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Sunday, July 23, 2006

Storm Damage in Old North

We again have electricity, so I will share two images of storm damage in Old North St. Louis.

Here is the house at 1219 Clinton Street in the south end of the neighborhood. While it was already damaged and the roof had collapsed at the start of this year, its east wall was relatively intact until Wednesday.

Here is a close-up of the damage to the roof of the William H. Niedringhaus Home on Sullivan Avenue (our house).

There's a photo of the damaged Someone Cares Mission building on Benton Street in the What's New in Old North blog.


Anonymous said...

Since this was the last building standing on its block, at least in this case, Mother Nature helped create an entirely cleared block open for redevelopment.

Claire Nowak-Boyd said...

YAAAAAAAAAAAAY cos you know how the problem up here is a shortage of vacant land! I hate all these historic buildings cluttering everything up! Oh wait...what's all this green flat stuff? OH I REMEMBER--my block has as many empty lots as extant buildings, and we're considered the "dense" part of the neighborhood. So if that's how things are up here, who'd salivate over more empty land?

1219 Clinton is still there, albeit compromised. It'd take a saint to save it, but then again Old North is the main place for such miracles as of late. I'm not sure at all if it'll survive, but it's still there for now.

Anonymous said...

It depends if you develop like McBride in Botanical Heights or as Millenium plans to along DeTonty in Shaw. In other words, does your ideal developer of new homes require a completely clean slate to build on or just a sufficient chunk of a block?

Since this city block along Clinton is not that far from North Market Place, I still think it may not be a bad thing to have an entirely cleared block ready for new homes.

Claire Nowak-Boyd said...

No developer requires a whole block unless they are making a building that is a block long; some of them are just far less imaginative and versatile than others.

North Market Place itself is successful because it mixes the new into the old.

And it's not as if there are developers fistfighting on Clinton Street at this very moment for who gets to rebuild on these lots. I don’t think it’s a good policy in such a heavily, heavily de-densified area to knock stuff down before there are solid plans for its replacement (or to cheerlead when things fall down). I believe that more development is coming to Old North, but I don’t think that the developers will show up this very week. And as someone who lives in a neighborhood with a whole lotta one-, two-, and three-building blocks, I want a developer who will have the respect to save those three structures, not pitch ‘em just because. I hope that there will be enough variety in the design of future construction that our few brave remaining buildings will fit in among them. I do not want every house on the block to look the same.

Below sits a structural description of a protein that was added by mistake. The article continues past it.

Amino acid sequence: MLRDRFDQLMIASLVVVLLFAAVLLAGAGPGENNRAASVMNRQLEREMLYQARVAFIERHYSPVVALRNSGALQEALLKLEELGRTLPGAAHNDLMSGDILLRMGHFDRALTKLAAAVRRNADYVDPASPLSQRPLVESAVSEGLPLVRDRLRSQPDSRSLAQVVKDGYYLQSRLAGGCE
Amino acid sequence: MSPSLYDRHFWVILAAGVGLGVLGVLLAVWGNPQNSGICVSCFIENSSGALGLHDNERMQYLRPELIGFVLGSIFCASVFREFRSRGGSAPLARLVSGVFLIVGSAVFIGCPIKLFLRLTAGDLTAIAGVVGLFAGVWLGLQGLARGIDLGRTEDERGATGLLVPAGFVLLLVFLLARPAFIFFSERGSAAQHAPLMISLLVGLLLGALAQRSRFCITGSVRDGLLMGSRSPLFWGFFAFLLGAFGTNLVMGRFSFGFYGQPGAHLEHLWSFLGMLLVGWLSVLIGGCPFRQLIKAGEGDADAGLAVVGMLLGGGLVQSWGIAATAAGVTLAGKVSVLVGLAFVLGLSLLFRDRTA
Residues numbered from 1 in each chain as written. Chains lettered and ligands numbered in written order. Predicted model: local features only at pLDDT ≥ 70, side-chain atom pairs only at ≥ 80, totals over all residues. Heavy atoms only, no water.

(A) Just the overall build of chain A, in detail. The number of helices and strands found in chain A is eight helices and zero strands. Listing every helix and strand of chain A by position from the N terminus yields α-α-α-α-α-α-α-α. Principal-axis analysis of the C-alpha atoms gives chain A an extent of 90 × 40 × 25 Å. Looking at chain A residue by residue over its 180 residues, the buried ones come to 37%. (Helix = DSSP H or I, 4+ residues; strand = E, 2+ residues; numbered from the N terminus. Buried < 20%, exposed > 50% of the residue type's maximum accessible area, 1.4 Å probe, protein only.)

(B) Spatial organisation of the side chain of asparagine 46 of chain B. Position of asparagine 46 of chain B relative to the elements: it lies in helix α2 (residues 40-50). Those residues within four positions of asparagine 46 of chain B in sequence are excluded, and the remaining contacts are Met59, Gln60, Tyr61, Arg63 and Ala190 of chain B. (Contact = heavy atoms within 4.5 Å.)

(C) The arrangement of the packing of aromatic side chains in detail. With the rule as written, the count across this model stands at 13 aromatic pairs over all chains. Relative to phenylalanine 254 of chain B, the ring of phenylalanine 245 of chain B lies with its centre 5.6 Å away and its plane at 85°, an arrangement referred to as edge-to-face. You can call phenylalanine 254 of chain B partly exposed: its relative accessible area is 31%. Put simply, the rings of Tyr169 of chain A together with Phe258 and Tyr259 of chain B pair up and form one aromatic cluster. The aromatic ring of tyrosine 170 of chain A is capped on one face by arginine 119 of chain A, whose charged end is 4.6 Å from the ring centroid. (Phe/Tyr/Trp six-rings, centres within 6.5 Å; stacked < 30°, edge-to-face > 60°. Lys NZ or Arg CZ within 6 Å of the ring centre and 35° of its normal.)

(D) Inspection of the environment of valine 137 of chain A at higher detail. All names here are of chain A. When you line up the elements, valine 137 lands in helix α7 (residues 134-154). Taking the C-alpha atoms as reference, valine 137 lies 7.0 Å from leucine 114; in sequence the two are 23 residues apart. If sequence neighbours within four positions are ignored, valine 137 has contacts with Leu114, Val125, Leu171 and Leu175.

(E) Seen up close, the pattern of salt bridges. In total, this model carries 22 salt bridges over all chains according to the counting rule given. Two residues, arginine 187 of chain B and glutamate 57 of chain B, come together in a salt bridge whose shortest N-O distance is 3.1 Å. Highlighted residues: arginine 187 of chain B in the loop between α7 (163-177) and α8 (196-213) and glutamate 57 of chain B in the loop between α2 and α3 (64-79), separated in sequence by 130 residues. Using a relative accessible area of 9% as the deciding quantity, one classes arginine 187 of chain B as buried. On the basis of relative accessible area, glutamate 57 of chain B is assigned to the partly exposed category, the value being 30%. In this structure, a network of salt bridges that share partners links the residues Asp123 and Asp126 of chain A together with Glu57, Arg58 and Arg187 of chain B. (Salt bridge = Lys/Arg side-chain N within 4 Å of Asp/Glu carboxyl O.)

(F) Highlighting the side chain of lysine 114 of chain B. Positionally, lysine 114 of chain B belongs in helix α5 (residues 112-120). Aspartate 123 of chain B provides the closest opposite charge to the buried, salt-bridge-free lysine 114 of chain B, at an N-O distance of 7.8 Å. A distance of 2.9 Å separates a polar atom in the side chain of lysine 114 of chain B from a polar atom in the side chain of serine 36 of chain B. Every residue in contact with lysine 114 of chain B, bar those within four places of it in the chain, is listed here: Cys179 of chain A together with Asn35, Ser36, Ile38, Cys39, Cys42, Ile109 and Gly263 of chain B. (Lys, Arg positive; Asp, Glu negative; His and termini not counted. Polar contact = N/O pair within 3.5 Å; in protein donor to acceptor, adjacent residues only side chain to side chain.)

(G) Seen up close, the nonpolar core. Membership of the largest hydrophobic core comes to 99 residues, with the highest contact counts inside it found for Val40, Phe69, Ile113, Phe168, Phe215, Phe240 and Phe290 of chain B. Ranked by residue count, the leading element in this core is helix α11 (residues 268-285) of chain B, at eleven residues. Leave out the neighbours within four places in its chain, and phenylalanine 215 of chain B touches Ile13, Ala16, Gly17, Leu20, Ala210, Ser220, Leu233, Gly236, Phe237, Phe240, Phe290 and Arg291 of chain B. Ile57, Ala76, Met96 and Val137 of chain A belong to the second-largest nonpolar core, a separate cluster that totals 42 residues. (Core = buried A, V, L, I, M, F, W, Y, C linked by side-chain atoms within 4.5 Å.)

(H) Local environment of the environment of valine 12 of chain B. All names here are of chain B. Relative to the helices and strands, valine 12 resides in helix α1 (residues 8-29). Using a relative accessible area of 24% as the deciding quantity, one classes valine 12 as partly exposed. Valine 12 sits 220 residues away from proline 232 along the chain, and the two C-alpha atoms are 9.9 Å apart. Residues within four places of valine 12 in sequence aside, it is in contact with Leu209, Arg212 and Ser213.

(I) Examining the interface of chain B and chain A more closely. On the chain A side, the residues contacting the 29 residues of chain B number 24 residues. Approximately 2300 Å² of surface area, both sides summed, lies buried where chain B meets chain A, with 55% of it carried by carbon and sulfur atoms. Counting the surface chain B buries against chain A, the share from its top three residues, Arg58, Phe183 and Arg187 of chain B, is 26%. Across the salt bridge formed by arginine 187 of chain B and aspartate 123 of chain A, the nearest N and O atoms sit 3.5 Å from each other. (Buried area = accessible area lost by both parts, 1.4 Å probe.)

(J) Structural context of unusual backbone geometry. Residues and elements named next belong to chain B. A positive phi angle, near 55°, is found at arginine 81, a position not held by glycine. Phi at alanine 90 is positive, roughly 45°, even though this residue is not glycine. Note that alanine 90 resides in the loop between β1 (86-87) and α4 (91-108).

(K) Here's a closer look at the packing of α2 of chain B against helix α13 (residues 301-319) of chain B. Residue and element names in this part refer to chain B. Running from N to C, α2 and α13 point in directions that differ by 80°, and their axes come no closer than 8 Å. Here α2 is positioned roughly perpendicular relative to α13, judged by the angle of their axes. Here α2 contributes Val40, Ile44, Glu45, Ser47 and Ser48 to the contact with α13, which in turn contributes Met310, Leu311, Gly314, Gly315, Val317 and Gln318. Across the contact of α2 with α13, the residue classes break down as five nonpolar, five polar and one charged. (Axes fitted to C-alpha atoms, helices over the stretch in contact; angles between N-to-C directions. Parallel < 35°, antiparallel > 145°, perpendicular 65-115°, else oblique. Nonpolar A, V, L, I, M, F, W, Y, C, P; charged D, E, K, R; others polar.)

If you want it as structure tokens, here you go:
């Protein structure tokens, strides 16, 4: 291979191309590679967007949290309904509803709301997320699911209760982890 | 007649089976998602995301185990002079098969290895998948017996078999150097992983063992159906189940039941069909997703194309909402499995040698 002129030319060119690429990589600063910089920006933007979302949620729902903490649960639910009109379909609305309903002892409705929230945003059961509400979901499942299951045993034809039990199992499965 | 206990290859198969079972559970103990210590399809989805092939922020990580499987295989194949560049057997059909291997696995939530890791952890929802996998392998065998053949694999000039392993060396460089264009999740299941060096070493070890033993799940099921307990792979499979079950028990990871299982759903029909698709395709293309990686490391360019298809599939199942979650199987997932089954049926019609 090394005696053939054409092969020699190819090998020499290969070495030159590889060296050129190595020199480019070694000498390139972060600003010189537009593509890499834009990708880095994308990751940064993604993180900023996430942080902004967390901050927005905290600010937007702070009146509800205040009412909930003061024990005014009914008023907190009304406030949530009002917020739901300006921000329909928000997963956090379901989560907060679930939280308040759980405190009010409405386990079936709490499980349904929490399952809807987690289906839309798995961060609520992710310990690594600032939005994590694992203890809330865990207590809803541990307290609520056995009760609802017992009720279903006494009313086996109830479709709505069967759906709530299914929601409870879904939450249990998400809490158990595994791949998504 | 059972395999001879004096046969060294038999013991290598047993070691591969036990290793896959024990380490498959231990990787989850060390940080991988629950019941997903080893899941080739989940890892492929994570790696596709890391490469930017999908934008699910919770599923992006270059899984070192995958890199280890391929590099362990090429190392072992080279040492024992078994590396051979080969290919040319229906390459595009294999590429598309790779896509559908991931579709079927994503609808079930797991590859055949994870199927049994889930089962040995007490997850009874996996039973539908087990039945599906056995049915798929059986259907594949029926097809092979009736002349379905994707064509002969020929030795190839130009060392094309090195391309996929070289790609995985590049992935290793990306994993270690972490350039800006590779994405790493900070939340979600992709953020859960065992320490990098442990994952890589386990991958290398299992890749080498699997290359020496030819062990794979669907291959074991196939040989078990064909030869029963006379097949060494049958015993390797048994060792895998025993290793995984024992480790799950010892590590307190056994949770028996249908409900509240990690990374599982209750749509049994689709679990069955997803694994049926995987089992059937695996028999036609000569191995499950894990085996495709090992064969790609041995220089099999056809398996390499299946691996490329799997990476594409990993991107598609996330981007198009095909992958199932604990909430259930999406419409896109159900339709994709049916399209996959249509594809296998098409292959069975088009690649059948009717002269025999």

Maybe (MAYBE!) if I knew that something really great would be built there I’d feel marginally better about it (though you could just build it at 1217, that’s open). However, right now that spot has as much of a chance as becoming a strip mall as it does becoming a thoughtfully-scaled, green, well-designed modern building. And if 1219 does go, its most likely use for a long time will simply be vacant lot, and the North Side needs another one of those like I need a hole in the head.

1219 has been there since the 1860s. There are fewer and fewer such buildings in StL every day. This particular building outlived everything else on its block, survived a large fire which claimed huge parts of the street, and also survived being labeled “obsolete” by the 1947 City Plan. And that building is beautiful. Personally, I think its continued decline is something to grieve, not something to celebrate.

mery said...

Has anyone checked on the Clemens Mansion since the storm?

Claire Nowak-Boyd said...

Our drive-by eyeballing of it through the front gates revealed no major new damage, but we've not given it a thorough inspection since then.

Anyone else?

Anonymous said...

Did North Market Place not build on contiguous vacant properties? I want as much rehab as others, but it doesn't hurt to also have some large sites ready for historic-inspired infill.